Loan breaches by speculative-grade companies in Europe have more than doubled while cash injections by private equity firms in response to such breaches have risen, according to a report from Standard & Poor's Ratings Services that examined more than 800 industrial companies from around the region.
“For the 12 months to 30 October 2008, we found there were 38 covenant breaches, waiver resets, or related restructurings in our sample of speculative-grade issuers, compared with 18 in the previous 12 months – an increase of over 100 percent,” said S&P leveraged finance research analyst Taron Wade in a statement. Of 64 total companies with covenant problem since the beginning of 2006, 48 percent were breaches.
The time between financing and covenant-related problems also lessened substantially since 2006, added Wade.
In 2008 to date, private equity sponsors injected additional equity into portfolio companies in 11 out of 24 cases in which covenant troubles arose. The 46 percent rate of response is up from 33 percent in 2007 and 20 percent in 2006.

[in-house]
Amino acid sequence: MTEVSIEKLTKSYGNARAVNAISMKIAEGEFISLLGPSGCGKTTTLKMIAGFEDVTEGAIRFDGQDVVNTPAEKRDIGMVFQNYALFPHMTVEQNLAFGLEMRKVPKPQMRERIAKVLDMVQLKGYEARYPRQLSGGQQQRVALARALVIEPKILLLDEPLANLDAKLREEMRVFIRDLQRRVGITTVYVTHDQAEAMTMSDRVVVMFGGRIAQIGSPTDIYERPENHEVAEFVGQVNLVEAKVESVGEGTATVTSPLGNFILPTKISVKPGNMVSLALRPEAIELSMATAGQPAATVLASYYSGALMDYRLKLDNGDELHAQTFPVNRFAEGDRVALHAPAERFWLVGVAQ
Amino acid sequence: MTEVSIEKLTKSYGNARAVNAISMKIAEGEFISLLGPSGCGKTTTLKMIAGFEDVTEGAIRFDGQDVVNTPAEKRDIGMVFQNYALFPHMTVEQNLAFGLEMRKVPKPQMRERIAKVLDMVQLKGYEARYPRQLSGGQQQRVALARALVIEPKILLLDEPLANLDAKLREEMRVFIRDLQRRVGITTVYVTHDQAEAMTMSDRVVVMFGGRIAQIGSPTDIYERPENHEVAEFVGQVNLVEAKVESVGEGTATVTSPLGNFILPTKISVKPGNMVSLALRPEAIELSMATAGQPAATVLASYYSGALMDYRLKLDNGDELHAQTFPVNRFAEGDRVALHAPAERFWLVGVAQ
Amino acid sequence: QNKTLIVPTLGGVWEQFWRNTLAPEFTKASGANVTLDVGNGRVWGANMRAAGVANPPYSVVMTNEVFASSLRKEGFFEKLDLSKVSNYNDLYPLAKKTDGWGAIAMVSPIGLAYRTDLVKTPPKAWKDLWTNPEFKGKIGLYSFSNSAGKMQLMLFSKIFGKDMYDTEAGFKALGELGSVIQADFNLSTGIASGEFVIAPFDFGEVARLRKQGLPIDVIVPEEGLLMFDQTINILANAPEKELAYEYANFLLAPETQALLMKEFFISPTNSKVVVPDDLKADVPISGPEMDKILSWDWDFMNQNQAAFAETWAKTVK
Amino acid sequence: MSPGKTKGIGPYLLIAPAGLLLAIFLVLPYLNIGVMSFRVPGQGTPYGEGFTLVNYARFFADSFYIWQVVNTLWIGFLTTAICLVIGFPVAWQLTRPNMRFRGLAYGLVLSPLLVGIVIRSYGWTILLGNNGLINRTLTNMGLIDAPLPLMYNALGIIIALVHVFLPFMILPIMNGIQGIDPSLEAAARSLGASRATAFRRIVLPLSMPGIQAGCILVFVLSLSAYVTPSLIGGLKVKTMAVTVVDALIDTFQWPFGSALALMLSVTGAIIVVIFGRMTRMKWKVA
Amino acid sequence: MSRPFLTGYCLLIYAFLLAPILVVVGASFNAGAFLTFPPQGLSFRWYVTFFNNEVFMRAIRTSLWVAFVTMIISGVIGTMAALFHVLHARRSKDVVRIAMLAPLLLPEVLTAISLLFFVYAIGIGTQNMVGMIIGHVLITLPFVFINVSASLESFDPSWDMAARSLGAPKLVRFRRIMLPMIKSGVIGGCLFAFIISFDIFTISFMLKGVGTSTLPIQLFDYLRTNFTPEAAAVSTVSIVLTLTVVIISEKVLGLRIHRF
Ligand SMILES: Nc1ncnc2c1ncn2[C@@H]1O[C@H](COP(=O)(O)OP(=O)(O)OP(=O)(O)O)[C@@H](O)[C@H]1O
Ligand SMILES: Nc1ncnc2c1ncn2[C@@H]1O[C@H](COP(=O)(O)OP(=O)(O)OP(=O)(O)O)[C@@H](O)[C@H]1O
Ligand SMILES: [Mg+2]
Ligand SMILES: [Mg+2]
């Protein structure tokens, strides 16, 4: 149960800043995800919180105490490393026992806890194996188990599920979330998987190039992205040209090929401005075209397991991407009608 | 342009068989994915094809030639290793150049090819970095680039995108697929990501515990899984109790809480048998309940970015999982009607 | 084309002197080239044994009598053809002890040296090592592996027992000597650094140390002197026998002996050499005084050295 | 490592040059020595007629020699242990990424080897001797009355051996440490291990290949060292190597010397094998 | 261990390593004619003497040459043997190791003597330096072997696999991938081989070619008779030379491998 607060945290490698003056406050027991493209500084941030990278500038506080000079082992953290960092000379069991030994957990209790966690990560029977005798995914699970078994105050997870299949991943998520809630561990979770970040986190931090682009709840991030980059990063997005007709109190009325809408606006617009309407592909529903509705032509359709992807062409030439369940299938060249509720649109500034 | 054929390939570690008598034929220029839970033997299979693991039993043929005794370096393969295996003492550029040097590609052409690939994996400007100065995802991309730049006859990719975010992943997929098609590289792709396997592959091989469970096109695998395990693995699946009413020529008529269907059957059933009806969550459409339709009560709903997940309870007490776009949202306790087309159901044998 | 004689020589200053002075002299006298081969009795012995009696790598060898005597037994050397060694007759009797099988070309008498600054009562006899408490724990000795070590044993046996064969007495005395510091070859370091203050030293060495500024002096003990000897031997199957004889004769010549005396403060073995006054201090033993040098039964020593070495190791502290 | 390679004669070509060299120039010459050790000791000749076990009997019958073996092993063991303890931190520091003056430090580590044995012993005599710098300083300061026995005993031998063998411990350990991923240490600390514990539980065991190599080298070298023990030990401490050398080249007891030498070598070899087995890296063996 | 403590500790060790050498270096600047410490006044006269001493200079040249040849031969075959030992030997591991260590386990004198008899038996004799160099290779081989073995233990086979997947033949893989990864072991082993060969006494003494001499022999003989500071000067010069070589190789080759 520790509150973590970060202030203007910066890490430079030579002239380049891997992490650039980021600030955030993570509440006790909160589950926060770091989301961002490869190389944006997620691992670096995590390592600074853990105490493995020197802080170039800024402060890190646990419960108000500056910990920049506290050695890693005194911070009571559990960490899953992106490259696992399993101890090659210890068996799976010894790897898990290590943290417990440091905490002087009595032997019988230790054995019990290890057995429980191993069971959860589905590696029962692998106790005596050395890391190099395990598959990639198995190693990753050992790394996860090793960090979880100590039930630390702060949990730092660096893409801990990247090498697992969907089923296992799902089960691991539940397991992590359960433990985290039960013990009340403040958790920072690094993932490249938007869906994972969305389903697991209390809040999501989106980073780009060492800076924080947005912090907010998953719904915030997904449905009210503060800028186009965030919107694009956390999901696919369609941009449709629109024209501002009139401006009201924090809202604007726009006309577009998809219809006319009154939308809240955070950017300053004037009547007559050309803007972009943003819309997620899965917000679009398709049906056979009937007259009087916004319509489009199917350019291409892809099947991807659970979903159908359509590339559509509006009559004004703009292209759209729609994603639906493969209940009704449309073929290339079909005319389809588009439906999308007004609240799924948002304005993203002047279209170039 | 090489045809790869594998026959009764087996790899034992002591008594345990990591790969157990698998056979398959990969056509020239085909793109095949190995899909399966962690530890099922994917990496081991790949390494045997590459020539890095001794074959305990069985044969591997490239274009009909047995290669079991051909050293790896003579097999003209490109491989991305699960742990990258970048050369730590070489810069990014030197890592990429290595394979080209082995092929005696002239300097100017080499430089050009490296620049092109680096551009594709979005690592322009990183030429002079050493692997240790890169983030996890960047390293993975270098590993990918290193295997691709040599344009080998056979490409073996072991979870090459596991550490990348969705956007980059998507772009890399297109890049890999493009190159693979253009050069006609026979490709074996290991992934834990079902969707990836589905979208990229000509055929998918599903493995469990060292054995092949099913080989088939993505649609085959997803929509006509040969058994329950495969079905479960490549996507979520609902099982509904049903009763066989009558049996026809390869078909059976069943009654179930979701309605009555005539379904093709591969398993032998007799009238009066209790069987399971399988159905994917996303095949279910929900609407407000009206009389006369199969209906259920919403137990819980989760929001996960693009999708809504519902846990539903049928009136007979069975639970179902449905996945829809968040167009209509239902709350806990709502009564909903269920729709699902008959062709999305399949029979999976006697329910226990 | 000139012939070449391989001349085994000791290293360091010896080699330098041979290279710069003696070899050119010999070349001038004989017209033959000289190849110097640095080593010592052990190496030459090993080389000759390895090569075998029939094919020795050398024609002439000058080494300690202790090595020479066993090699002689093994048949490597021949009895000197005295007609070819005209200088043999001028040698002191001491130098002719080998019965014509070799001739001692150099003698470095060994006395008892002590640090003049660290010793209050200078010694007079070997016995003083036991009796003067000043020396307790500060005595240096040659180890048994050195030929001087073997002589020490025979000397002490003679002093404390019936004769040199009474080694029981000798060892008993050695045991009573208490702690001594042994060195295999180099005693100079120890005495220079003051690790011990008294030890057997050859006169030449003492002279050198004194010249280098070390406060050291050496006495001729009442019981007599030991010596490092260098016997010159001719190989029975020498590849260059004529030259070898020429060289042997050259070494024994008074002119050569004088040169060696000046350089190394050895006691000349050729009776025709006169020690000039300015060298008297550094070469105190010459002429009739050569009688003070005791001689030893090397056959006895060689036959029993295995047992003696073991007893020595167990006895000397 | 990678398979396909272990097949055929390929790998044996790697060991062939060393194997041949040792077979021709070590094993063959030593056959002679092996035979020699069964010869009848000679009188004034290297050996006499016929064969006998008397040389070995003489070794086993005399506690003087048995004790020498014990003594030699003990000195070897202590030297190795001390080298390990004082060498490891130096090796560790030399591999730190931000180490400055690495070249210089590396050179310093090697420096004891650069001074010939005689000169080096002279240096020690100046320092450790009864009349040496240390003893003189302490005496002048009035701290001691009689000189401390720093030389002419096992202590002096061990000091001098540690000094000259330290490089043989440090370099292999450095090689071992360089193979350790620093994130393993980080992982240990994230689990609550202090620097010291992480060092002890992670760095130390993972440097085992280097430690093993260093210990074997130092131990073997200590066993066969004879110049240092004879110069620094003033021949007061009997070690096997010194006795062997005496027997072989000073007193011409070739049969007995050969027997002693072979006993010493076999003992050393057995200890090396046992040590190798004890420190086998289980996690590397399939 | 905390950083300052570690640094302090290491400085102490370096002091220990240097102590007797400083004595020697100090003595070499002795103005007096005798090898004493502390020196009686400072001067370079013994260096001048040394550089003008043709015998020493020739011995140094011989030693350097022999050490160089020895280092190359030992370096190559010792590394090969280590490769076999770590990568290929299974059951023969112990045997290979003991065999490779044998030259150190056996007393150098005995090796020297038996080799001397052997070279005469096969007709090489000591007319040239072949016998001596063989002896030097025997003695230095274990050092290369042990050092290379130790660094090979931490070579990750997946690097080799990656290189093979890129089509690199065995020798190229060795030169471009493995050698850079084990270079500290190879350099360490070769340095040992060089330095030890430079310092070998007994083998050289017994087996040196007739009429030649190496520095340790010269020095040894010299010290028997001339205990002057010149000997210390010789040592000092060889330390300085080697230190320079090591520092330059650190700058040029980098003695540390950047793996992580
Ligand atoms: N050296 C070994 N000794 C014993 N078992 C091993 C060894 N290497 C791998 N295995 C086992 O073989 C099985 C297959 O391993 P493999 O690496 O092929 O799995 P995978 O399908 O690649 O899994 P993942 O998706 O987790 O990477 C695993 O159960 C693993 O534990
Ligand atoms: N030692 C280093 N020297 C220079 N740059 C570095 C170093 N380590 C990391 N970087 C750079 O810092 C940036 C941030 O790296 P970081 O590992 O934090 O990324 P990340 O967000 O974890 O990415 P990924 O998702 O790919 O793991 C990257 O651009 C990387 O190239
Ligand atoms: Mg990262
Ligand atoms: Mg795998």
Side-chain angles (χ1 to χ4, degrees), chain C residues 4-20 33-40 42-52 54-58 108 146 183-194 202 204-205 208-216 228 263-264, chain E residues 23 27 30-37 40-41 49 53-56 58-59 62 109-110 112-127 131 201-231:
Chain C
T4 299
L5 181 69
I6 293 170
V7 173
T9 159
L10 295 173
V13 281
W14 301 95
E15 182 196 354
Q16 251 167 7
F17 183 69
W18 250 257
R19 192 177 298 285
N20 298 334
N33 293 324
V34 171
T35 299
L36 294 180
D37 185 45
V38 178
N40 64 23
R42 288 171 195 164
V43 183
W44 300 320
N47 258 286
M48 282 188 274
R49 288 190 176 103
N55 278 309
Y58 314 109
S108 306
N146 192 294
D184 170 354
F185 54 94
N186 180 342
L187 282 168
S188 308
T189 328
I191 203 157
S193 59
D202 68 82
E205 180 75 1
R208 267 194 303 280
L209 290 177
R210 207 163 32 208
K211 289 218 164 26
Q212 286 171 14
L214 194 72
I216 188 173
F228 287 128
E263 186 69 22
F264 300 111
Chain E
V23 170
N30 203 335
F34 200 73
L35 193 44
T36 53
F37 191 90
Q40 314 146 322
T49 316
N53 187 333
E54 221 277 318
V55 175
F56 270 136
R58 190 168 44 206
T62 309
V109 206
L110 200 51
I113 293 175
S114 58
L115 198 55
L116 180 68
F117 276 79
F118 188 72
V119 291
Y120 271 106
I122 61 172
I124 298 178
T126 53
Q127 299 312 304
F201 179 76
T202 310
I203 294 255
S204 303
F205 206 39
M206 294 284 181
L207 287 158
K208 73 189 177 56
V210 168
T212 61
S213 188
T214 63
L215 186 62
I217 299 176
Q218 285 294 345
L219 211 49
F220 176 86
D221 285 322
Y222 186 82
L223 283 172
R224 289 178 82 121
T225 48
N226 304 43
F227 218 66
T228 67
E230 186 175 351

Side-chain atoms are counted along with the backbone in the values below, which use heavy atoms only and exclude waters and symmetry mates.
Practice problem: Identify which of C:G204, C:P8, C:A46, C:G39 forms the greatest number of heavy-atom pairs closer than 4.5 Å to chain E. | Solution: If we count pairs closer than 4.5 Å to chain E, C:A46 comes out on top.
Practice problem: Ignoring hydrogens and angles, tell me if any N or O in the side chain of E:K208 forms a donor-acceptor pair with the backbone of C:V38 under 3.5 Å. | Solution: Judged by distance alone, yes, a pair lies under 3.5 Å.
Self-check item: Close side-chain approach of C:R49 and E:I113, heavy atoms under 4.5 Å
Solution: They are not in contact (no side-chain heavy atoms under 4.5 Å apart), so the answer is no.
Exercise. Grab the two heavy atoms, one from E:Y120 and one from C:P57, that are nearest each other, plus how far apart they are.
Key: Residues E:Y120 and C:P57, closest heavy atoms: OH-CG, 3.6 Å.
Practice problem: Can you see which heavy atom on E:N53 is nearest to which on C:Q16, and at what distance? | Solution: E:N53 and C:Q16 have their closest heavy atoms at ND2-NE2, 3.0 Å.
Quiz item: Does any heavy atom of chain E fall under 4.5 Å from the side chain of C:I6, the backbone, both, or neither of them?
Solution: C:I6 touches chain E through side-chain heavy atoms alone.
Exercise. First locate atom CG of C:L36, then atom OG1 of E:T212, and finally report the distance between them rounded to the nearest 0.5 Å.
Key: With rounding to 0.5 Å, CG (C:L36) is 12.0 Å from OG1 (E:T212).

In addition to the companies that have experience covenant difficulties to date, S&P observed many companies that it believes to be near to breaching covenants or may be in breach within several quarters.
S&P also predicts that defaults for leveraged loans in Europe will increase to 5.8 percent in 2009 translating to roughly 38 defaults. Among the 64 companies identified with covenant troubles, 11 have defaulted to date.